Inspiration for these books can arrive in ridiculous ways. Mary Carlomagno, the author of Give It Up!: My Year of Learning to Live Better With Less, launched her self-denying quest this way: "While reaching for my black sling backs, an avalanche of designer shoeboxes hit me squarely on the head." Gotcha. She spends a month each giving up different things: alcohol, elevators, newspapers, multitasking, cursing, cell phones, and coffee. (Coffee is a common enemy in these books, including Walden.) Carlomagno is a less rigorous self-denier than most—the height of her deprivation is to give up dining out for a month. Yet she arrives at the same destination as do her peers: reading more poetry, taking longer walks.

While most of these authors accessorize their quests with some larger purpose, Sara Bongiorni, the author of A Year Without "Made in China": One Family's True Life Adventure in the Global Economy, decides to boycott China simply to "see if it can be done." (See our own experiment in buying American.) Her book is marred by a faint jingoistic tone and a deadening obviousness. Guess what? A lot of the stuff in your house comes from China! (But not Hungry Hungry Hippos, apparently.) Toward the end of her year, Bongiorni debates whether to extend her pledge, but concludes, "A Christmas without Chinese gifts under the tree looms like a date with the executioner." Never has an attempt at conscientious consumption so missed the point.

In all of these self-deprivation experiments, there comes a moment when self-denial becomes self-defeating. An Internet entrepreneur from San Diego named Dave Bruno has received a lot of back pats for his "100 Thing Challenge," a goal to limit his possessions to that magic number. It's a useful thought experiment, but do shoes count as one thing, or should each shoe count as a separate item? The point—how much crap do you really need?—can quickly get lost in the details. Ascetics often become distracted by the rules or take things too far. Consider the fervent subculture of people who try to live plastic-free lives. Another perfectly worthy goal, but then you stumble upon advice like this on the blog PlasticLess.com: "Get a Vasectomy: Children are the target market for pointless plastic stuff. Most temporary forms of birth control involve some plastic packaging." (Uh, okay.)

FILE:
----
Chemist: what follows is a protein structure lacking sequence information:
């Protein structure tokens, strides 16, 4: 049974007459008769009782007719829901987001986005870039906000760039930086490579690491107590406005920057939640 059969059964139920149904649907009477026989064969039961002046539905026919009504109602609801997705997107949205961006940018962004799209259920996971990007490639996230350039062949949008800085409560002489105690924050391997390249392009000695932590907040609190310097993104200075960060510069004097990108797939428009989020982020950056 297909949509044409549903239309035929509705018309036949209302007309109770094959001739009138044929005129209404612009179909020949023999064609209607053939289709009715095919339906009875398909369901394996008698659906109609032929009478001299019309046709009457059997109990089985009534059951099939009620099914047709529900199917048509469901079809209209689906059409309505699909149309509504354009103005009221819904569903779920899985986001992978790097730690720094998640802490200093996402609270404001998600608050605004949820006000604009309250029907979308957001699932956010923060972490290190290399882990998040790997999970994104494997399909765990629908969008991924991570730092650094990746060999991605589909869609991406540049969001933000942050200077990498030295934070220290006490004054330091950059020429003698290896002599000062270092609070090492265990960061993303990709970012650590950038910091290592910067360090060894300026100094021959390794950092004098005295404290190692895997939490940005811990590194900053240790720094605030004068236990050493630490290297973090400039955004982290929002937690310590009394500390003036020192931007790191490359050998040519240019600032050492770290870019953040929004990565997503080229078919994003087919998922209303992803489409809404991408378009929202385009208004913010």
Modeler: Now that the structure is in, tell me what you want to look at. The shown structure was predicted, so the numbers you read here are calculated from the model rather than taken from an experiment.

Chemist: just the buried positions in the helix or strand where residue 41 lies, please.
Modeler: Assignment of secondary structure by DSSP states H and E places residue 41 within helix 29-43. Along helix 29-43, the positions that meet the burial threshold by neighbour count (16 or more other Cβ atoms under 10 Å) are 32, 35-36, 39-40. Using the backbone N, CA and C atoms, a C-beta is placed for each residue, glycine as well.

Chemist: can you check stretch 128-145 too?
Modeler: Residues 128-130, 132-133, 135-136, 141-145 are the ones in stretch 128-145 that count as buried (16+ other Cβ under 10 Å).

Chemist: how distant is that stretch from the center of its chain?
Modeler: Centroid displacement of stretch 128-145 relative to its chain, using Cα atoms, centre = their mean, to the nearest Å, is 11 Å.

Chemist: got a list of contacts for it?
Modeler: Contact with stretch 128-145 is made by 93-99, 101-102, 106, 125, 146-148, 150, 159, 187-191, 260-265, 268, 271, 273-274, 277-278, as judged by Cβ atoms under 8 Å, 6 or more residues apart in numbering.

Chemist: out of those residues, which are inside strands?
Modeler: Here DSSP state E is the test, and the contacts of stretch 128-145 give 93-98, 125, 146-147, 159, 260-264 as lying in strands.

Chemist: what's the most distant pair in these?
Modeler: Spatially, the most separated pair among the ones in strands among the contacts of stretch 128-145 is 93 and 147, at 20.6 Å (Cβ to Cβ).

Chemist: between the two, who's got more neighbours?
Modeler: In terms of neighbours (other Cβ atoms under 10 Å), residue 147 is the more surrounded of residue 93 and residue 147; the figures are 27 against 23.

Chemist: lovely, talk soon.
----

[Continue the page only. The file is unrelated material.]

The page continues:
I don't mean to throw cold water on earnest self-improvement. But maybe we should set about such tasks in a way that doesn't reek of personal branding. Thoreau, after all, left the cabin behind, which earned the respect of Robert Louis Stevenson: "When he had enough of that kind of life, he showed the same simplicity in giving it up as in beginning it. There are some who could have done one, but, vanity forbidding, not the other; and that is perhaps the story of hermits; but Thoreau made no fetish of his own example." While that doesn't mean not writing a book, it may mean not letting the rigor of your experiment get in the way of the lessons.

All of these writers have good advice for our economically perilous and environmentally precarious moment. Not many, however, were permanently changed by their yearlong experiments. The authors of Plenty: One Man, One Woman, and a Raucous Year of Eating Locally welcome lemons and beer back into their house. Judith Levine is thrilled to buy new socks and starts to consume again, albeit in a more deliberate way. The ultimate lesson of the new Thoreauvians seems to be that change is rarely drastic. We must strive for continuous, daily, incremental improvement toward whatever social, environmental, and economic goals we deem important. That path won't land you on Morning Edition, but it might just get you to floss, recycle, grow your own food, sit in the dark, air-dry yourself, take daily walks, and read more poetry. Which puts us back where we started: Walden Pond, 1845.